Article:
The Bangsamoro Transition Authority (BTA) is already halfway to its term as a transition government whose main tasks, among others, is to prepare the legal and organizational requirement for the installation of the regular BARMM government in 2022, set and implement development programs in the region as an affirmative action, rehabilitate communities devastated by wars, integrate former combatants into the mainstream society and to dismantle structures that created violence and to ensure institutional reforms that will prevent the recurrence of hostilities. These are gargantuan tasks to be accomplished within a very limited time. Nevertheless, these tasks are not the sole responsibility of the BTA but also of the national government This is part of the peace agreement stipulated in the BOL.

Study shows and observations reveal that many of these tasks have not been completely accomplished yet. The organizational, legal and political track had succeeded in many respects but still work is not complete. The normalization phase has yet to accomplish a lot of its major targets which will be jointly accomplished by the MILF and the government. The infrastructure to maintain peace and security in the region is yet to be completed. Building the mechanism towards healing, reconciliation and conflict transformation as recommended by the TJRC has barely touched the ground.

Let it be admitted that the process of implementation maybe relatively slow. In fact, there are doables that had not been done. This is understandable from the perspectives of work experience of the BTA under a new form of governance as well as the experience of the BTA leadership in running a government. A former MILF leader said once, “running a revolution is bloody, but running a government is doubly difficult”. This may not be a valid excuse but what do we expect? There is no quick fix to repairing a society devastated by long wars and violence.

According to the Bangsamoro Organic Law (BOL), the exit agreement of the peace process will be signed if all provisions are faithfully accomplished. However, given the many impediments faced by the BTA, the accomplishment of targets to successfully complete the transition might not happen within the timespan of the BTA. Already, local politicians/government officials are gearing for the 2022 national elections and aligning to national parties. Discussion whether the BTA will be allowed to pursue its mandate beyond 2022 and therefore postpone the BARMM elections, or otherwise, have snowballed to the level of communities as some elected officials have clearly made their stand.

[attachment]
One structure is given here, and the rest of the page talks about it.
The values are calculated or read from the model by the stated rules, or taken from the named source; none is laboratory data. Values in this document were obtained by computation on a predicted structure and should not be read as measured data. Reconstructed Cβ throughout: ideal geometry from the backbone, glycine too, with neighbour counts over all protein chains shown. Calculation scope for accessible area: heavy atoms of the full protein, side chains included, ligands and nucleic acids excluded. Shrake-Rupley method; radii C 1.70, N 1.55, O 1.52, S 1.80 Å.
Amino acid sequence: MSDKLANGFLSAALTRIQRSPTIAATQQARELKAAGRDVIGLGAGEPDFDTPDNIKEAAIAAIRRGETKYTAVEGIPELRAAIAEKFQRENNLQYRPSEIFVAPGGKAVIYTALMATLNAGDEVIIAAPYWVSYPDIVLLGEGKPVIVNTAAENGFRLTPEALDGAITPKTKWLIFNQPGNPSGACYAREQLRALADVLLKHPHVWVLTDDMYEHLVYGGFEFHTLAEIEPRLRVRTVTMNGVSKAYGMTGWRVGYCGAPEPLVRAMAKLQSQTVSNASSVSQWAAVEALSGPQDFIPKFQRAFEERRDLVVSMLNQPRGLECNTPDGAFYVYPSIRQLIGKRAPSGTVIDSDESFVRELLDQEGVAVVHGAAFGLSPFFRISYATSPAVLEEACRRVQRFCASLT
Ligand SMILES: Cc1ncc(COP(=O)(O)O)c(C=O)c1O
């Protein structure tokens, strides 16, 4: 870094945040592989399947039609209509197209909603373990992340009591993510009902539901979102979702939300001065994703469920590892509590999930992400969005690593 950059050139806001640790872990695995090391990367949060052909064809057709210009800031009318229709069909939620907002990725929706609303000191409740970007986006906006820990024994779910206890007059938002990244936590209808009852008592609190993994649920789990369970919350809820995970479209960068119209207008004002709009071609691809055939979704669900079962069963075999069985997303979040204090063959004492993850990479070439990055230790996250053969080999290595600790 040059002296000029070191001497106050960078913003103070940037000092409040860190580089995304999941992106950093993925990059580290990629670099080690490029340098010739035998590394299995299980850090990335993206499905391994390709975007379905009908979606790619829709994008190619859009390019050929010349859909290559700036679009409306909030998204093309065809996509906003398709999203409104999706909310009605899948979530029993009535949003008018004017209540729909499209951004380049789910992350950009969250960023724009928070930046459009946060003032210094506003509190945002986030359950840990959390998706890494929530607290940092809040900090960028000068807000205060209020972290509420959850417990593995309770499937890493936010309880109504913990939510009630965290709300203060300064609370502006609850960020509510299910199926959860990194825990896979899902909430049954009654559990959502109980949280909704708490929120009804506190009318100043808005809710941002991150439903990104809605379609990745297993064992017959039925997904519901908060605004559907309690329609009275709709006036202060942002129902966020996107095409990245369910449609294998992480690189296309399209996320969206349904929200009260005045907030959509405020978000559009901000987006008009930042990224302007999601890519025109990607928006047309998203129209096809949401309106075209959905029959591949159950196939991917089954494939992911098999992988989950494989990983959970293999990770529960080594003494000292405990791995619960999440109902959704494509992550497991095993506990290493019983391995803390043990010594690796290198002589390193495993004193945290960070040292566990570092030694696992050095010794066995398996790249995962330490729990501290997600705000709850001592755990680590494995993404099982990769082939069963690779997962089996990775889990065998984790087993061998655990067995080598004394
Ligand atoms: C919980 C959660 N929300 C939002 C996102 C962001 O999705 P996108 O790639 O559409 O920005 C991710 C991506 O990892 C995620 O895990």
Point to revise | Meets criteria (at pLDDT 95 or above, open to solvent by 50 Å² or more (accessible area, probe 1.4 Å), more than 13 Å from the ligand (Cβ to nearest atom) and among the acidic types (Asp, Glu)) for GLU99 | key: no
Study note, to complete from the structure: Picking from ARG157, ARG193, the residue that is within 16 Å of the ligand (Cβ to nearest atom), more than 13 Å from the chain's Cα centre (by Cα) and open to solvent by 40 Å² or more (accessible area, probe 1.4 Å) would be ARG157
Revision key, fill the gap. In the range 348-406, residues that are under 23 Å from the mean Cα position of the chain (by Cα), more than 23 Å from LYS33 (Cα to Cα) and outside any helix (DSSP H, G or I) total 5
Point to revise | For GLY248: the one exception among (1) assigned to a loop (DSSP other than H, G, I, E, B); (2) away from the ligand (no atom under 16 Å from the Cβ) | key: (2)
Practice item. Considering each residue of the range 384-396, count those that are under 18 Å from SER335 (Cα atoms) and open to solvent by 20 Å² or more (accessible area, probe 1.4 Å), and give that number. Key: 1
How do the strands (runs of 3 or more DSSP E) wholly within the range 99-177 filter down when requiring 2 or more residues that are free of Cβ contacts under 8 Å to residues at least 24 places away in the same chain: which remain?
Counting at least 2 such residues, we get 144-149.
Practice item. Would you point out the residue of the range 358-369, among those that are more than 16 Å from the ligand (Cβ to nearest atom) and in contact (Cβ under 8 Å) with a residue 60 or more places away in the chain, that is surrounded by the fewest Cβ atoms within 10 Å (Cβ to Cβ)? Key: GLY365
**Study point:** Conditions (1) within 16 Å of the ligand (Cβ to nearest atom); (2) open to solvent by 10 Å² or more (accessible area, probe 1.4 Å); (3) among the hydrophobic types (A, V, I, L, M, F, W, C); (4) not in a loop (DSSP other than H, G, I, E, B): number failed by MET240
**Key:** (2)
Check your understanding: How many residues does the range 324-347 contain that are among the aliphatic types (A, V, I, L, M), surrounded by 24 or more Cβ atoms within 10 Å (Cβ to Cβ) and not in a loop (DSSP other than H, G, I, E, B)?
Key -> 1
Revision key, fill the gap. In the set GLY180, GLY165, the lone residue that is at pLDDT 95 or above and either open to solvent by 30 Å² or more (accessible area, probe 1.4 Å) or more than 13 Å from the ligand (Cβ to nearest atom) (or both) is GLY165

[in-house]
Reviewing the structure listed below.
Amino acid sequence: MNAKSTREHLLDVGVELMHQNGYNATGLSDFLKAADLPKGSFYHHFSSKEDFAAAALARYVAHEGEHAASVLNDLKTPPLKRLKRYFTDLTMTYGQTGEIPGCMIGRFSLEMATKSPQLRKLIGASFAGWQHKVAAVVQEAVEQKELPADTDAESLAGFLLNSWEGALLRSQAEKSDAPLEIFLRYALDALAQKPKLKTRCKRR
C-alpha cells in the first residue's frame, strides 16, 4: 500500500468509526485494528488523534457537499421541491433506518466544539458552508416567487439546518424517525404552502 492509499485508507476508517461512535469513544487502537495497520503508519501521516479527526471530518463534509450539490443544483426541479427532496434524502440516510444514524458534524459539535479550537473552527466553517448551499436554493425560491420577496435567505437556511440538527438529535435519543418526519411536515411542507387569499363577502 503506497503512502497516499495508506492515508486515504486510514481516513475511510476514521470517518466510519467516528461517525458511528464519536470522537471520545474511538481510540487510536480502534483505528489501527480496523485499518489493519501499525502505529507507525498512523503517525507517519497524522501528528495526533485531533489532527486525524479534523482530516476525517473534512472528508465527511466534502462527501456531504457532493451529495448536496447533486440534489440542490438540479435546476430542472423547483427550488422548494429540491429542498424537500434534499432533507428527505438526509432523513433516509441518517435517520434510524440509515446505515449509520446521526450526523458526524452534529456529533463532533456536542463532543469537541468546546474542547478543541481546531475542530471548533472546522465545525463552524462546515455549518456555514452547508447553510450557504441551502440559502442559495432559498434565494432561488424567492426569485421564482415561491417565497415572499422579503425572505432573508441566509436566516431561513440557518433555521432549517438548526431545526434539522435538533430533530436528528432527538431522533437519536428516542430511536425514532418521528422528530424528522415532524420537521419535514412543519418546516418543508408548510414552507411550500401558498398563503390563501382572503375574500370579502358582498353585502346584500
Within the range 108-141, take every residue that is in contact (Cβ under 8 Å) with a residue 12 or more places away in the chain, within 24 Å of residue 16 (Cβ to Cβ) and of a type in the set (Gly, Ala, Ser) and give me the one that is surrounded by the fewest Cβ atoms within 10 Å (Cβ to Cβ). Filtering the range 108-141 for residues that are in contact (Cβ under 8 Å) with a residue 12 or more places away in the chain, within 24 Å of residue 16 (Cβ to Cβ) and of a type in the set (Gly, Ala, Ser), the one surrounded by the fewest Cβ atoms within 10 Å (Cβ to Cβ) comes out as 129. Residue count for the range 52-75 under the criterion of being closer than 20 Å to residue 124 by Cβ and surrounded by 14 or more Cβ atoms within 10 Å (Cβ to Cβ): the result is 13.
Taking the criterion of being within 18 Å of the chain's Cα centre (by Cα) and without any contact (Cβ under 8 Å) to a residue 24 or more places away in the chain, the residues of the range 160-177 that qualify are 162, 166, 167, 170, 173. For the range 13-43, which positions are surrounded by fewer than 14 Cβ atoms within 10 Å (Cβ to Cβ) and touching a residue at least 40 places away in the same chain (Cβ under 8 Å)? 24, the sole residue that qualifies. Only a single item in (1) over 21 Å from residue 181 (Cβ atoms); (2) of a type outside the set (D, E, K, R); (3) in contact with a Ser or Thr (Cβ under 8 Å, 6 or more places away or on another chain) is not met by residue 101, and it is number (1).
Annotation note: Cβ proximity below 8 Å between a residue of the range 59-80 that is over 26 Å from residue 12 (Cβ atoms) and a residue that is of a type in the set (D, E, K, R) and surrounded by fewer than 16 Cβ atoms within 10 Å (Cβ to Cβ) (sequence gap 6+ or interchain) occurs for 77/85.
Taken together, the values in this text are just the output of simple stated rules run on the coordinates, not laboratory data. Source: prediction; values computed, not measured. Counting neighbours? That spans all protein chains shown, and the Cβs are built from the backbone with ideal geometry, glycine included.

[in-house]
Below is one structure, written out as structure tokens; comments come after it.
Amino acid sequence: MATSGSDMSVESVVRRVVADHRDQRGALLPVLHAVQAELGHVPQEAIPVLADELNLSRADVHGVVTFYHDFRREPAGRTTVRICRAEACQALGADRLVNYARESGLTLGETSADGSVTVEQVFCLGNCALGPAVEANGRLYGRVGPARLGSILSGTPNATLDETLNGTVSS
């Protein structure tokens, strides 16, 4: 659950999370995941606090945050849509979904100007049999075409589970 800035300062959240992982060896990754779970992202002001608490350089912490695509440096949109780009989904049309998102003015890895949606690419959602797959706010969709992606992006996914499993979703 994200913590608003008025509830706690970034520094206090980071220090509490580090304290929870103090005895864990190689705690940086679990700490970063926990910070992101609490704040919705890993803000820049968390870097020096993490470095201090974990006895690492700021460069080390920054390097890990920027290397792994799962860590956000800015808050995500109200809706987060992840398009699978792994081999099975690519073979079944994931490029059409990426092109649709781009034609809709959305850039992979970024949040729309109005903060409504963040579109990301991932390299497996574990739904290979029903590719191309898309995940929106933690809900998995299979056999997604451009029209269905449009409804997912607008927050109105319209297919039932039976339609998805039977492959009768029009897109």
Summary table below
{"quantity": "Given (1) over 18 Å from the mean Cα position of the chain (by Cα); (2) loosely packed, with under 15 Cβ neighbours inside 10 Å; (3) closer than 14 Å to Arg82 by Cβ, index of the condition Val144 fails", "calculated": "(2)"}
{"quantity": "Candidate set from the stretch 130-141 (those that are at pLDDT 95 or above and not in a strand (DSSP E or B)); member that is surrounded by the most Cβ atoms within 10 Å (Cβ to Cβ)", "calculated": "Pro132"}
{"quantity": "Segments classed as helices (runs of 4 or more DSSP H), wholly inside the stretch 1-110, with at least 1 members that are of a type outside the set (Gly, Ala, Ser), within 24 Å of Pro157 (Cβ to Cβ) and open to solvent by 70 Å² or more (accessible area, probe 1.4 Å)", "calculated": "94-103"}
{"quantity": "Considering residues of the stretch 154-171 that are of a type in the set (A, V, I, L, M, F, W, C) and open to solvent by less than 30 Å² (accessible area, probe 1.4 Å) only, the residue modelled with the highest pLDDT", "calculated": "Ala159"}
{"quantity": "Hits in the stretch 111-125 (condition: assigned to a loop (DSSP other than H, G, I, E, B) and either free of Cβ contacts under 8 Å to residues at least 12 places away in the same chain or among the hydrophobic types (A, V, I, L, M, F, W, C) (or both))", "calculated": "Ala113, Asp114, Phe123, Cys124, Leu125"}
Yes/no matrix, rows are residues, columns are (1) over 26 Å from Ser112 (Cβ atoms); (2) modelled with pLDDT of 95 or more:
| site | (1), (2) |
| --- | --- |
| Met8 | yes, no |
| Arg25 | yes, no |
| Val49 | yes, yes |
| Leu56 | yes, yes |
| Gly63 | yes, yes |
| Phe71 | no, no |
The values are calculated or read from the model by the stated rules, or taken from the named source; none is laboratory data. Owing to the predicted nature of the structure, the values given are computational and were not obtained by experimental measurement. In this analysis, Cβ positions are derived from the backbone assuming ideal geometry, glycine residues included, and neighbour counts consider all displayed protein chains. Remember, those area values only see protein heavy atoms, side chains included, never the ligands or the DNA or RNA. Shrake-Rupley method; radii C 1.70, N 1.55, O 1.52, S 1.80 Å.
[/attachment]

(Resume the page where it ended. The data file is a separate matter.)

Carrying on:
For the Consortium of Bangsamoro Civil Society – as CSOs who are major stakeholders in the peace process, the questions we ask and the choices we make center on, but are not limited to, the following:
1. Whom can we attribute the failure to finish the gargantuan tasks assigned to the BTA and the national government?
2. Are the national government and the BTA working hard to finish their tasks?
3. What are the factors that contribute to these work deficits? Is it human factors? Environmental factors? COVID-19? Funding? Or indeed time constraints?
4. What is the best case scenario? Is it elections or extension?
5. Considering that a considerable amount of tasks have not been accomplished, will there be exit agreement?

While we recognize that elections are important part of democratic processes, and many are already itching to be in the helm of power in the BARMM, they are not always the solutions to problems.

If elections will push through as scheduled in 2022, will the MILF be ready to field their candidates, boycott or return to the fold of violence? Most importantly if they join, will they win?

Marginalizing the MILF in major decisions in pursuit of the peace architecture embedded in the peace agreement may not augur well in our search for peace. A deviation of the roadmap under the peace agreement may create tensions that can lead to violence. The history of the MNLF experience is a living witness where former leaders of revolutionary combatants who joined elections were minoritized and eventually marginalized in government key positions.

Fundamentally the transition is not only from the ARMM to BARMM, from the BTA to regular BARMM but most importantly a transition from conflict to peace. Granting an extension for the BTA and the incoming national leaders to conclude their work respectively and jointly under the auspices of the BOL will be the best option to sustain the peace gains.

Considering further that the circumstances behind the failure to complete the required tasks of the BTA on one hand and the national government on the other hand are partly beyond their control and the possibility that no exit agreement will be signed, we the Council of Leaders of the Consortium of Bangsamoro Civil Society (CBCS) has finally declared our choice for peace by supporting the call for the extension of the term of the BTA and postponing the elections of the officials of the BARMM with the option from both the MILF and the national government to retain the present members of the parliament or appoint new ones.

Let the MILF-led BTA and the incoming national leaders conclude the unfinished business of preparing a regular government that will contribute to a peaceful, cohesive, secured and inclusively developed communities in the Bangsamoro.

Agreed and approved by the CBCS Council of Leaders (COL) from the provinces of BARMM and non-BARMM areas on November 24, 2020.